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Another common technique for investigating memory problems is to compare two snapshots of the memory. Typically you would:

  1. take one snapshot of your application when it is up and running
  2. go ahead and run some part of the application you think is leaking memory, and then
  3. take a second snapshot.

In ANTS Profiler, you can compare the two snapshots by filtering the ‘All Objects’ panel to only show ‘New’ objects.

Image 7

This filtered view now shows only the objects that have been created since the first snapshot. If you expect that no memory should have been created, then all of these objects comprise your memory leak. You can use the hierarchy panel to see what other objects are referencing them, and so work out why they have not been garbage collected.

An essential tool for every .NET developer

ANTS Profiler is one of the best .NET profiling tools on the market. It gives you the information you need, simply and quickly. It shows you the pieces of code that need to be optimized to improve the overall performance of your apps, and provide your end users with a more enjoyable experience!

It is simple to use, and the results produced make it easy for any .NET developer to seek out potential bottlenecks in their code. Investigating memory problems is fun and interesting, and makes fixing memory leaks straightforward.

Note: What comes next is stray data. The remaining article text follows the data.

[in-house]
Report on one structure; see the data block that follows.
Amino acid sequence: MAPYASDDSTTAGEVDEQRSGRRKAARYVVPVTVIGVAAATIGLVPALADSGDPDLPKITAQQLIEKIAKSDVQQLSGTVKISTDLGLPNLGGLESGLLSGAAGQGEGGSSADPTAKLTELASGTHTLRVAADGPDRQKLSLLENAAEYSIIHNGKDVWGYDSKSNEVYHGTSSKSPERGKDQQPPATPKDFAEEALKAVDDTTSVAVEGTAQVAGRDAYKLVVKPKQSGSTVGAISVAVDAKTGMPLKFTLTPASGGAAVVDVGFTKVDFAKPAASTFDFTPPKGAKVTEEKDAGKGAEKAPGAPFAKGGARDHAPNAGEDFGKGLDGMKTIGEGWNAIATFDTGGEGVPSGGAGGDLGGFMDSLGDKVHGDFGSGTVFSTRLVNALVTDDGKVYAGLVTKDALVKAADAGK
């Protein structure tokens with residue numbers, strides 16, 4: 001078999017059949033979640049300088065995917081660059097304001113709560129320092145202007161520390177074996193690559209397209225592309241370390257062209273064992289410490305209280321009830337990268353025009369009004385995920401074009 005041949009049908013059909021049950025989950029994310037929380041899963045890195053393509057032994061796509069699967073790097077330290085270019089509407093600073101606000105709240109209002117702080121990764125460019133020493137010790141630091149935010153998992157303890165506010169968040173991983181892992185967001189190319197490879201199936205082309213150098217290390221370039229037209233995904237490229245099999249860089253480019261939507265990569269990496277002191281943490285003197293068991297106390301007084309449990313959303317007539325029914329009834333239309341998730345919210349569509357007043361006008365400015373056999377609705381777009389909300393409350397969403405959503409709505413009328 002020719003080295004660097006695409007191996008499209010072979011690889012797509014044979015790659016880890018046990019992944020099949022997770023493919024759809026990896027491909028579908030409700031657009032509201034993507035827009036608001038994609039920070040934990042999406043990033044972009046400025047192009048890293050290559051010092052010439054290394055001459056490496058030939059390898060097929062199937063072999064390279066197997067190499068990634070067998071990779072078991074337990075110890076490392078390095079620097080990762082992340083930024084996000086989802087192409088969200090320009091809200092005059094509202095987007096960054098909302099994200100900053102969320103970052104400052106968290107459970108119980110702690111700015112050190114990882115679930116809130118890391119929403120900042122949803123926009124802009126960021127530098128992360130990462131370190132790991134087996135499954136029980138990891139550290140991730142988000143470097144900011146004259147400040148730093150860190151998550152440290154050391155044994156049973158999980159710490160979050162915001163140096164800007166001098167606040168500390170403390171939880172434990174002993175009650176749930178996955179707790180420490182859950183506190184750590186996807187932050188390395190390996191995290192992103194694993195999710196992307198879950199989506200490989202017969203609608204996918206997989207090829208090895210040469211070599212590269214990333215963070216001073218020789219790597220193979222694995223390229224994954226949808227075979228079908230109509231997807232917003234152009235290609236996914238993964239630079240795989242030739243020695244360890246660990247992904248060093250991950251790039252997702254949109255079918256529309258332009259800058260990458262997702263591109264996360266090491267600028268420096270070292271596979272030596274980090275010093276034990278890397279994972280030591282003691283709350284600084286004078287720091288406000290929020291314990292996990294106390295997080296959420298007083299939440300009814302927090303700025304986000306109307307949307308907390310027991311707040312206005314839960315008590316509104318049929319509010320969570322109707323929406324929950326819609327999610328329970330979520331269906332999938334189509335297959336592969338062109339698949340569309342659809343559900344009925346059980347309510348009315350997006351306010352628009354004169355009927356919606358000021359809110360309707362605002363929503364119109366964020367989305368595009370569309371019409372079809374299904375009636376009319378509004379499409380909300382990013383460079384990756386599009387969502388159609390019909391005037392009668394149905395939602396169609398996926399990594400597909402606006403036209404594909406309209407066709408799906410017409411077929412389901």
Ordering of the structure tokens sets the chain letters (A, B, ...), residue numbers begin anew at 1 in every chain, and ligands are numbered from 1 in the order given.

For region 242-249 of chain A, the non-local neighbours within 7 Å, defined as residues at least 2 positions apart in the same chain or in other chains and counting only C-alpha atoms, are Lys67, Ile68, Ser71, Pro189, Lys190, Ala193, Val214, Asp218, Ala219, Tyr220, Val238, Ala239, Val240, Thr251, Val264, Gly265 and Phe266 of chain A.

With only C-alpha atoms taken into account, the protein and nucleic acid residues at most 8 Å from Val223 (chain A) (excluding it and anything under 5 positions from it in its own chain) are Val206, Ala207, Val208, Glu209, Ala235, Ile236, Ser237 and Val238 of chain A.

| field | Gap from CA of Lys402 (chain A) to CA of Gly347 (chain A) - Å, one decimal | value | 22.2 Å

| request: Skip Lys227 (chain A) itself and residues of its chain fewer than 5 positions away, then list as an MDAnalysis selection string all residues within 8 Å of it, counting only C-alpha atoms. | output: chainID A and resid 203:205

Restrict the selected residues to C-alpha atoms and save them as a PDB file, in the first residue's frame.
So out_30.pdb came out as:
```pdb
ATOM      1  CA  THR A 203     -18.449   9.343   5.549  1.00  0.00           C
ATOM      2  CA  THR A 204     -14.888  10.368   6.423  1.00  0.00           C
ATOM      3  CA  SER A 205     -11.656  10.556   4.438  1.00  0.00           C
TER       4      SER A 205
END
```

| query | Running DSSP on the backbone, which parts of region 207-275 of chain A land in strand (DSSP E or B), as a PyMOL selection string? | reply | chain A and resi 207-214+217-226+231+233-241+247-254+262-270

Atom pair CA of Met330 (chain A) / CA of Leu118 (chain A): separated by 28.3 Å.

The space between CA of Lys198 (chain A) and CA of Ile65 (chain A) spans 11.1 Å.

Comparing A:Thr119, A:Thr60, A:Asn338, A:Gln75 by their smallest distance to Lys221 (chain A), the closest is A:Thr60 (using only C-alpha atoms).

If you want to find out more, there are a number of excellent reviews of ANTS Profiler. One reviewer described it as "an excellent tool that allows you to really pinpoint those portions of your code that cause the most hassle for your end users".

Evaluate ANTS Profiler with your applications to see how well it will work for you - download a free, fully functional, 14-day trial.

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About the Author

Redgate Software
Red Gate Software Ltd.
United Kingdom United Kingdom
Redgate makes ingeniously simple software used by 804,745 IT professionals and counting, and is the leading Microsoft SQL Server tools vendor. Our philosophy is to design highly usable, reliable tools which elegantly solve the problems developers and DBAs face every day, and help them adopt database DevOps. As a result, more than 100,000 companies use products in the Redgate SQL Toolbelt, including 91% of those in the Fortune 100.
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Comments and Discussions

QuestionAnts profiler Pin
anand_mu3615-Mar-12 22:57
Memberanand_mu3615-Mar-12 22:57